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What is Pu erh Tea?

Pu erh teas are growing in popularity as they become more well known for their health qualities and sophisticated, fresh flavours.

Pu erh tea is originally rich in substances, the main components are: tea polyphenols, amino acids, sugars, alkaloids, vitamins, tea pigments, aromatic substances, saponins, etc., which form the rich and changeable taste of Pu erh tea.

There are two types of Pu erh tea, ripe (shu) and raw (sheng).

Ripe (Shu) Pu erh

Ripe Pu erh is a type of fermented dark tea produced in the Yunnan region of China from a large leaf variety of the Camellia Sinsensis plant. It is processed in a unique way in that the leaves undergo fermentation and oxidation after they are dried and rolled. This process is a Chinese speciality and produces a tea dark and rich in colour known as Hei Cha, with a deep ripe aroma and a smooth, soft, sweet to earthy taste.

Raw (Sheng) Pu erh

Raw Pu erh is a non-fermented tea, which does not go through the fermentation process. The whole large leaves are harvested, then dried naturally in the sun and stored, to produce a tea that is fresh and sweet tasting.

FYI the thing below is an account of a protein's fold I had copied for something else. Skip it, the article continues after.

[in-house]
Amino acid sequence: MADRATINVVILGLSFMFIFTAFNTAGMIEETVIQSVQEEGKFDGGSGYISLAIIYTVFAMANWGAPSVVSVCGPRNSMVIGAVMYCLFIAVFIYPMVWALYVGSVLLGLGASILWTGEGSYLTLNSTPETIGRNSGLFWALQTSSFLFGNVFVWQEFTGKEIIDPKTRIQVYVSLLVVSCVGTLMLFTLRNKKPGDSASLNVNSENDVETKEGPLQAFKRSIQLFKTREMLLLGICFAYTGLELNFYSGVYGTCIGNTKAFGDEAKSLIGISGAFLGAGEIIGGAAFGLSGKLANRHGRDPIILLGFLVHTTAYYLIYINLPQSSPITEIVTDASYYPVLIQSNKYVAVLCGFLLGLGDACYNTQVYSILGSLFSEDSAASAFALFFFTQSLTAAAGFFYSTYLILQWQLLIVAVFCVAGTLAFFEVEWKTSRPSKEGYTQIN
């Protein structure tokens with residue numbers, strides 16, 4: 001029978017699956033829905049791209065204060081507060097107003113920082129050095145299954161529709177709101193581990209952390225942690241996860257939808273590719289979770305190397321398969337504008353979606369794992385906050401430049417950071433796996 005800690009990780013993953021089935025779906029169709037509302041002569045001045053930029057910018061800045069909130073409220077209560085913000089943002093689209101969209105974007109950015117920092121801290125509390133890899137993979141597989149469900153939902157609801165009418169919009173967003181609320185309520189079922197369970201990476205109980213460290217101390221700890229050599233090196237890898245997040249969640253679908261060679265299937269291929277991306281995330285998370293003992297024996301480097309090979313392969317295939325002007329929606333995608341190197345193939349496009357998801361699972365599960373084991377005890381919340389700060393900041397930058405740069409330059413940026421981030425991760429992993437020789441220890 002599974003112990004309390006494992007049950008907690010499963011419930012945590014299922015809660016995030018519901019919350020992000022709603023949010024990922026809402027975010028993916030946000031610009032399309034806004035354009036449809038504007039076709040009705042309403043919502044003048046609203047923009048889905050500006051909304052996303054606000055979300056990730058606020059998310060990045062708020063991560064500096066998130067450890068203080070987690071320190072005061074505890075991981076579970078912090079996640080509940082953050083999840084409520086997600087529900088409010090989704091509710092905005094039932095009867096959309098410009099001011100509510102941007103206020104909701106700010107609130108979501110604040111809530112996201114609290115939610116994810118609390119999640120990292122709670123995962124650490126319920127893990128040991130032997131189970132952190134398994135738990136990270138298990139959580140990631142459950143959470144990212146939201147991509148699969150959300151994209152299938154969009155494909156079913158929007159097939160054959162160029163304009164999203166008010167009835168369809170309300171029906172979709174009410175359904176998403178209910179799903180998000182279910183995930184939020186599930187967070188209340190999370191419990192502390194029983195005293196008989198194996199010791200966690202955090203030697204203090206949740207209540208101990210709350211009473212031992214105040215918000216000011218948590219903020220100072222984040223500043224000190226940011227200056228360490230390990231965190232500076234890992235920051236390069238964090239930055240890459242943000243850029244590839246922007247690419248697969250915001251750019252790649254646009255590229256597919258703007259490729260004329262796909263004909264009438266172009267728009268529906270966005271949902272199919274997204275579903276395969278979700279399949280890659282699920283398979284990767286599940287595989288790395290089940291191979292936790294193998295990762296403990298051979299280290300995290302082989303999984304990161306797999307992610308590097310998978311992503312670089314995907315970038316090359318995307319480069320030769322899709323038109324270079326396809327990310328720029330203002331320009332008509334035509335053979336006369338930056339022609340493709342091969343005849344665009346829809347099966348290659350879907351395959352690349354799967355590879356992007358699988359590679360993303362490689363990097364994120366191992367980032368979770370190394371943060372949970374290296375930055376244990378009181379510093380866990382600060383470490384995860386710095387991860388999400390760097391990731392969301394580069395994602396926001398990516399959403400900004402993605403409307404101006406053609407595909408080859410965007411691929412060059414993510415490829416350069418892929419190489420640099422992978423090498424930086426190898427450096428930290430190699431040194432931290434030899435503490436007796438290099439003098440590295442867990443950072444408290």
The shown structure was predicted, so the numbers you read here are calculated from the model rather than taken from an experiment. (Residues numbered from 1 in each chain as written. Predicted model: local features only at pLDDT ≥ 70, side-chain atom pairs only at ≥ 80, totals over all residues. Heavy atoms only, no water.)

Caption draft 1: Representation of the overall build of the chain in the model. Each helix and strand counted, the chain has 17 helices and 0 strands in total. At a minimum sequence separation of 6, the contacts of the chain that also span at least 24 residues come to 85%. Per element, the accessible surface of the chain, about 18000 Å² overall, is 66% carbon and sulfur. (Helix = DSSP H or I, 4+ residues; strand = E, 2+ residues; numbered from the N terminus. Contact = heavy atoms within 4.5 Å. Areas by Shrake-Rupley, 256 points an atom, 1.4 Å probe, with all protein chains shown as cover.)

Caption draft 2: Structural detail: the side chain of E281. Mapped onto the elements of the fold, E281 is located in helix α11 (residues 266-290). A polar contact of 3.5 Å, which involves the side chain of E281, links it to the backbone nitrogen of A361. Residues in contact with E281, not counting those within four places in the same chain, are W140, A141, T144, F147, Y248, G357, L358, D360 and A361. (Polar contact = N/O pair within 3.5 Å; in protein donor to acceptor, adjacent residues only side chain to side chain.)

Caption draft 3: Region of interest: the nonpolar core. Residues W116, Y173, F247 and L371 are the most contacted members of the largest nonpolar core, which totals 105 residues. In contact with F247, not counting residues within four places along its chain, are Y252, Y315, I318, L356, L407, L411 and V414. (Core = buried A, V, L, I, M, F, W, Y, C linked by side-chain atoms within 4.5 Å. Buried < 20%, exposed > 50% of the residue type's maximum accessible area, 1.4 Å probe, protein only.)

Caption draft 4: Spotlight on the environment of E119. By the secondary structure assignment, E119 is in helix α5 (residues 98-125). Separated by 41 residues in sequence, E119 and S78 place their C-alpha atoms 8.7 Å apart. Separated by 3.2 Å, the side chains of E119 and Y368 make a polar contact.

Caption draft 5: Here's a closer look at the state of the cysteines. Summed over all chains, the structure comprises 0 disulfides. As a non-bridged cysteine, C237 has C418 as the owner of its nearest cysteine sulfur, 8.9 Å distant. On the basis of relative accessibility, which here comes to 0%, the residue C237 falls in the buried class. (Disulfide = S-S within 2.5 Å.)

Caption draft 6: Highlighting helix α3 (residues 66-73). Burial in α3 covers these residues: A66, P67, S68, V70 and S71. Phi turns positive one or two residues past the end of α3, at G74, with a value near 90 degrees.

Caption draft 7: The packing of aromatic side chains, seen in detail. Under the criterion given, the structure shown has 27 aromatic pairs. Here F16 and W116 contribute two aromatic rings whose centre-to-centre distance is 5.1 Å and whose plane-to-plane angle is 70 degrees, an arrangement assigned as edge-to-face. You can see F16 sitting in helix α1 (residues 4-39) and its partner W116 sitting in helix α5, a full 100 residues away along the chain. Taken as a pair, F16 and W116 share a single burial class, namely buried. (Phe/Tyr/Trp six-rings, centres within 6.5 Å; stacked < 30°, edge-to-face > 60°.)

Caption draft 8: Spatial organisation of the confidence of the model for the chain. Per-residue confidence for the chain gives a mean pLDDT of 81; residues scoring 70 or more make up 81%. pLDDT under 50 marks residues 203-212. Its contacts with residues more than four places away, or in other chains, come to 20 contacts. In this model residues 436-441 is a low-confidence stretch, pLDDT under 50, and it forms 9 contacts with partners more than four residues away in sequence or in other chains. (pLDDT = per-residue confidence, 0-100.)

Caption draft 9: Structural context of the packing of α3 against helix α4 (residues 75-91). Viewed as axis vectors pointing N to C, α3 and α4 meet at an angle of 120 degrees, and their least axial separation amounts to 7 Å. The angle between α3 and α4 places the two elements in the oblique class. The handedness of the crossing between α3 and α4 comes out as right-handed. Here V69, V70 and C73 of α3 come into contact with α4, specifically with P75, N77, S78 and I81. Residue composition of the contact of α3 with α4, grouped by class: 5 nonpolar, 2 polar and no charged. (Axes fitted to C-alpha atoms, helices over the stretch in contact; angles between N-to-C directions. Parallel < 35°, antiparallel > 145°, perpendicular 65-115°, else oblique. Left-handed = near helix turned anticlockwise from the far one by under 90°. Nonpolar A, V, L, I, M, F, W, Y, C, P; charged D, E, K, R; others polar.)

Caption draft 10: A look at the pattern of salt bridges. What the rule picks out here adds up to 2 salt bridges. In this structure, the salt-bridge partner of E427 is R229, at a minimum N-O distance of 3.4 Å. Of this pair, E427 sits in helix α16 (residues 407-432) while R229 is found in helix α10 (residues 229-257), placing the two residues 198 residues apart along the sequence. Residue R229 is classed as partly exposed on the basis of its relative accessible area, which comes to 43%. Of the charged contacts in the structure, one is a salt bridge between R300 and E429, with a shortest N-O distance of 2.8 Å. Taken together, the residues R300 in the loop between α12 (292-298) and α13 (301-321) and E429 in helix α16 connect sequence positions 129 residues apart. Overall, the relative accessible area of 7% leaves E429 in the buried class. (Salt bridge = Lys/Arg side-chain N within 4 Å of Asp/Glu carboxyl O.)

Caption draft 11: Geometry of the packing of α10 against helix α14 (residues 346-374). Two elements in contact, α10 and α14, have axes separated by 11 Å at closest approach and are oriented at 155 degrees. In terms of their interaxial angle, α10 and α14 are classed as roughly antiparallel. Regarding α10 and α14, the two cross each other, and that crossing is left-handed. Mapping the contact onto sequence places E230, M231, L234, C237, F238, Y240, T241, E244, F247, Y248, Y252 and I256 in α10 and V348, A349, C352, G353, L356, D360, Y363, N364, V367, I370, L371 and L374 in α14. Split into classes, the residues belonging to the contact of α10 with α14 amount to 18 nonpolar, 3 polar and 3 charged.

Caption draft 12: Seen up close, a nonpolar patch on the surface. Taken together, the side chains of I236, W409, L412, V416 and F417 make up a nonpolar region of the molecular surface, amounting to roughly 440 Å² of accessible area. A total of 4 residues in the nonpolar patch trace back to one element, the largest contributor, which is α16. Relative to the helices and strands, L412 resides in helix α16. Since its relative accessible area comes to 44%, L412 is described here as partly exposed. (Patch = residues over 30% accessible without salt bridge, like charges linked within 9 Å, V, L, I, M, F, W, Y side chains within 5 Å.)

Raw Pu erh was developed and intrduced in the Ming dynasty, 700 - 800 years ago and has a very long history. Traded on the Ancient Tea route it was so highly valued by the Chinese that it was often smuggled into towns by Basket Carriers in their pockets. Ripe Pu erh has a much shorter history. It was developed between 1973 and 1974 at the Kunming Tea Factory.

For centuries it was considered to be a medicinal tea and today, Pu erh is well known for its health benefits including the ability to raise the level of good cholesterol and lower the level of bad cholesterol, to help to digest fatty foods and increase the metabolism and assist with weight loss. It is used for treating irritable bowel syndrome and insomnia. Antioxidants found in Pu erh tea may help fight cancer and its anti-inflammatory properties may help alleviate the symptoms of arthritis, asthma and arteriosclerosis. It provides fluoride for teeth to fight cavities and helps prevent bad breath. It is no wonder that the Chinese have been drinking Pu erh tea for thousands of years!

As with good wine, Pu erh tea gets better with age. Finely made and stored and left to mature, Pu erh teas will improve in character and taste and increase in value.

Try a top quality Pu erh tea from Abbey Tea. The tea should be steeped for 12 to 30 seconds for the first few infusions. Prolonged steepings can produce, dark and bitter brews.